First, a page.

Several extrasolar planets suspected near centre of galaxy.
In search of extra dimensions.
Daily clicks made easy. A very large collection of 'free clicks for charity' sites. What a good idea.
I didn't know about the Build a School site, or the Give Water site.
The Origins of the English Village. An interesting set of pages on the medieval village of Shapwick. Found on this timeline of British archaeology.
Route 66. From east to west.
A Great Day in Harlem. Explore jazz history through one photograph. The site also includes a jazz timeline.
Tokyo Virtual Tour. 'The Tokyo Virtual Tour is a semi-interactive web-based guide to living in and traveling in Tokyo. The idea started after I lived in Japan for one year and in Tokyo of a number of months. After returning home I really missed the lifestyle and my daily adventures.'
The Digital Michelangelo Project.
LePOT. 'K-Team S.A. has used their robotics experience to animate a giant autonomous mobile huge flower pot (LePOT) on top of the Lakeside Technical College of Neuchatel (CPLN). Conceived by the Gruppo GPM, a group of local artists, the "moving flowerpot" concept was chosen as winner of a contest held to "beautify" the roof of the central building of CPLN. '
Galleria Carnivora. 'Galleria Carnivora is a museum dedicated to the fine art of carnivorous plant photography. Since being established in 1923, it has redefined our concepts of imagery as they relate to carnivores, emulsions, and botany. Normally closed to the public, Galleria Carnivora presents this web site so lay-people may press faces against our windows and peer into greatness. Behold our treasures. '
The Travel Year. A 16-month round-the-world travelogue.
Ryokan's Zen Poetry of Spring.
Earth image of the day. This daily gallery of satellite images of Earth has only just started; some fabulous pictures.
' This is what scientists are calling the most detailed colour image ever made of the entire Earth. '
The Miniature Earth. Thanks to JP for sending this to me.
Hope. A photoessay. 'I spent a few weeks in Iran over the winter break. I took a lot of digital pictures of people and places. These I call "axis of people".'
The Meenakshi Temple. Lovely Hindu temple.
"Morkinskinna" - the Rotten Vellum. A thirteenth-century Icelandic manuscript. Via dust from a distant sun.
Jomoh Temple. 'Head Priest Ishiko of Daioh Temple feels that there is an unnatural balance existing between the reliance on material needs and the lack of concern for spiritual fulfillment. He believes that this imbalance is the reason why most people are not totally satisfied with their lives. Through this virtual temple, he hopes to draw attention to this imbalance and through it's recognition help us to lead fuller, richer lives. '
Via Follow Me Here.
A local police log. Truly a slice of life. Via Arts & Letters Daily.
The Talk.Origins Archive on 'intelligent design'. (What's intelligent about tonsils?)
' Half of the 6,000 or so languages spoken in the world are under threat and a wealth of human knowledge could be lost with them, according to a new study. '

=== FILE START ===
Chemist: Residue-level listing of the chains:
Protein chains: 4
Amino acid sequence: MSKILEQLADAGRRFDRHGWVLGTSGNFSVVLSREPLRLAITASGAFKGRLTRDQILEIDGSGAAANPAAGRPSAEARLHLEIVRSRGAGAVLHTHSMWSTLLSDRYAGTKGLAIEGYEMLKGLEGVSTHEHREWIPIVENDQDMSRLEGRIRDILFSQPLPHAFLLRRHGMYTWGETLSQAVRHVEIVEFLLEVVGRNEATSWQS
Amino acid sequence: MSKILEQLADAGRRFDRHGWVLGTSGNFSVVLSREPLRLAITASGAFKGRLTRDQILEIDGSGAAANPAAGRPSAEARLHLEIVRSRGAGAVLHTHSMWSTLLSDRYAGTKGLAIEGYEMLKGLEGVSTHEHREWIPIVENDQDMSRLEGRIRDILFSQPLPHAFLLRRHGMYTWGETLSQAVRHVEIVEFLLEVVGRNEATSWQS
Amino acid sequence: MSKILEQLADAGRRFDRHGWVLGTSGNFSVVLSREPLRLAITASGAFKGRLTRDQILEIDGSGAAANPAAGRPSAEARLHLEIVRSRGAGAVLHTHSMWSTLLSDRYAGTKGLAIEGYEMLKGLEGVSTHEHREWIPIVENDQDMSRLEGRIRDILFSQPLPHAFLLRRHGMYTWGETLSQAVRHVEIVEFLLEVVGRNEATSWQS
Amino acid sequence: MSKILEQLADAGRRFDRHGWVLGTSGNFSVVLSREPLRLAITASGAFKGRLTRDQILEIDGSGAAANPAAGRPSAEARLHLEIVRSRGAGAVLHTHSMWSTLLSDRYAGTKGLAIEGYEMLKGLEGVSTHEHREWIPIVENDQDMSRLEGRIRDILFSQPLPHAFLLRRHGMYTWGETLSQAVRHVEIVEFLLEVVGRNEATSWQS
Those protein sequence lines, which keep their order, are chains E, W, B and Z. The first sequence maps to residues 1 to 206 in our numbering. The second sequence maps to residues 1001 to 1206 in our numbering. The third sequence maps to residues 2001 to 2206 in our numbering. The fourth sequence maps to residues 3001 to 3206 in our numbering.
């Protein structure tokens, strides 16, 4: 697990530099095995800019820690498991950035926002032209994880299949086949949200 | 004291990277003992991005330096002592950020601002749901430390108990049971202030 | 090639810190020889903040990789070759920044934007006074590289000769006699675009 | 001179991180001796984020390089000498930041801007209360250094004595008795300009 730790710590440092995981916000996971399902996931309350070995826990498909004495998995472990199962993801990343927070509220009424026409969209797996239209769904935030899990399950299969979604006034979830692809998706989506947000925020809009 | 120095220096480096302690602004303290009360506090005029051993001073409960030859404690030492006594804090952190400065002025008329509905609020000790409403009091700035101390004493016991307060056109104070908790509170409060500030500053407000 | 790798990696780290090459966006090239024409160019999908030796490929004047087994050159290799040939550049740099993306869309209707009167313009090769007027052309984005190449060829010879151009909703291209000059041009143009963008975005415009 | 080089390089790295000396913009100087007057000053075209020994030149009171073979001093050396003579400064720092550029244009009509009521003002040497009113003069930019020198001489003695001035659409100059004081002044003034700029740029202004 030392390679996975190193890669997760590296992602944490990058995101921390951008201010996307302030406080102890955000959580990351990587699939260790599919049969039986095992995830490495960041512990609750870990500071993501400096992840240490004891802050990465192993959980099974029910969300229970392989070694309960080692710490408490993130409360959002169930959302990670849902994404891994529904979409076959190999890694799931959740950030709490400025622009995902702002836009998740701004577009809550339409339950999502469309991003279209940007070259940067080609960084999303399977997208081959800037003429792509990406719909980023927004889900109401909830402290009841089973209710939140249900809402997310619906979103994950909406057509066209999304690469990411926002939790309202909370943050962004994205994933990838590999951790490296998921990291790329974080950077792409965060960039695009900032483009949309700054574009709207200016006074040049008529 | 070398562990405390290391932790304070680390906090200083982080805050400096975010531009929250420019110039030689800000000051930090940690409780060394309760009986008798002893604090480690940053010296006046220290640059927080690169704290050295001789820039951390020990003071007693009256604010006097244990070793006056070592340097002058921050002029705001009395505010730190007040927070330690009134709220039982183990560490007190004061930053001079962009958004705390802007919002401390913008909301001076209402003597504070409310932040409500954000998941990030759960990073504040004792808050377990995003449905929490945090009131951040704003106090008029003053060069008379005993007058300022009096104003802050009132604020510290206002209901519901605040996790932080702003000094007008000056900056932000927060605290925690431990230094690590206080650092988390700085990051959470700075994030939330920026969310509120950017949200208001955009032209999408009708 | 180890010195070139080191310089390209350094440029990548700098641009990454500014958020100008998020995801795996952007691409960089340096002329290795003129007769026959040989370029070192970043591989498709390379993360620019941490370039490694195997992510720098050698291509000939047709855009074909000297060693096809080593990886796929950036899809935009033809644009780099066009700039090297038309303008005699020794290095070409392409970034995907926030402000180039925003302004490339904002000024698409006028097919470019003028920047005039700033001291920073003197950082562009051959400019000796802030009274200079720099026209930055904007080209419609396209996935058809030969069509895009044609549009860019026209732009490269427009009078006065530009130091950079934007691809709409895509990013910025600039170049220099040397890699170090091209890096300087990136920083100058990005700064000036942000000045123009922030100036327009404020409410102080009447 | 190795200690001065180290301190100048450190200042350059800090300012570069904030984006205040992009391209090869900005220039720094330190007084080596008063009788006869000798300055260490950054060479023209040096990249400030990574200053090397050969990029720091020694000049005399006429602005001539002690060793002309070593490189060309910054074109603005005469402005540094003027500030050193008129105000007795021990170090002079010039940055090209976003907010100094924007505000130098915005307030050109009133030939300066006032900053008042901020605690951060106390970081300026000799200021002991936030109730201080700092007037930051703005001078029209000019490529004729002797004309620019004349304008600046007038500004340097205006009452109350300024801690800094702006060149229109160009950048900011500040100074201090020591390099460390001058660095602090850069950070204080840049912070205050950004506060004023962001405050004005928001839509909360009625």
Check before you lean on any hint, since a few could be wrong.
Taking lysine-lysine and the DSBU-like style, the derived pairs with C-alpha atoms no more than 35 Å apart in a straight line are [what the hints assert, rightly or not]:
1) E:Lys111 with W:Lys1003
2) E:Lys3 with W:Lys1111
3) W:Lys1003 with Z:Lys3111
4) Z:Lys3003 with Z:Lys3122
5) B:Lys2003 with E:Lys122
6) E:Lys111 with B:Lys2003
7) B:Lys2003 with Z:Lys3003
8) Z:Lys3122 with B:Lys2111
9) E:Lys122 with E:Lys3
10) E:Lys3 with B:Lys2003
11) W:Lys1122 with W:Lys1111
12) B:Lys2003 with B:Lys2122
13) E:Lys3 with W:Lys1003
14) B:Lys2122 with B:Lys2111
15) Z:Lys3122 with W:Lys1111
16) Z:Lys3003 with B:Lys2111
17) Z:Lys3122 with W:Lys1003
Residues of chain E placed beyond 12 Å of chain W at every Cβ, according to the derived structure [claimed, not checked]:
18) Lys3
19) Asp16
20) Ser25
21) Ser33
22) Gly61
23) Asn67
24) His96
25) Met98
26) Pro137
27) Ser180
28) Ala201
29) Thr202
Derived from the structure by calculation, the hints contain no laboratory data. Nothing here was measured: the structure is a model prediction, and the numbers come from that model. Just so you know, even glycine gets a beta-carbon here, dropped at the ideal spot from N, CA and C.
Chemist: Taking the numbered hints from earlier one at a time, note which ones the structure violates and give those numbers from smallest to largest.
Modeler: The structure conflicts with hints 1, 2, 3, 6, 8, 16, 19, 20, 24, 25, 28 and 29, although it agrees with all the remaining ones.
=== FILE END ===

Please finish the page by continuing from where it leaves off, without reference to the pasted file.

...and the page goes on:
The Rosetta Project. 'Fifty to ninety percent of the world's languages are predicted to disappear in the next century, many with little or no significant documentation. Much of the work that has been done, especially on smaller languages, remains hidden away in personal research files or poorly preserved in under-funded archives. ' 'As part of the effort to secure this critical legacy of linguistic diversity, The Long Now Foundation is working to develop a contemporary version of the historic Rosetta Stone. In this updated iteration, our goal is a meaningful survey and near permanent archive of 1,000 languages. '
Good work is good for you, according to a new psychological study.
' Animals have complex dreams much like humans, the American Association for the Advancement of Science was told yesterday. A study has shown that even laboratory rats spend much of their sleep dreaming of things they do when they are awake.'
Experts piece together dinosaur with 1,000 teeth and a permanent smile.
'Ancient dwarf crocodilian swam with giants.'
' The Thai Government has criticised its country's version of hit TV quiz show The Weakest Link as being bad for the nation's youth...'
' "The show is promoting fierce competition and selfishness among participants. This contravenes Thai generosity," the letter said. '
(I think I can see their point).
' Alien cultures more advanced than our own will have spotted us by now, say astronomers. Tell-tale rainbows from any inhabited planets will soon show us where to gaze back.'
Bush robot debuts at Disney theme park in Florida.
' A bus company is threatening to ban a group of four pensioners because it says their behaviour is so bad.'
Suspect caught in police chase after trousers catch fire.
Creator of Dolly says he wouldn't want to make copies of humans. Sheep can be so pleasant. :)
Lake Washington Sunrise.
The Floating World of Ukiyo-e. A very good exhibition from the Library of Congress.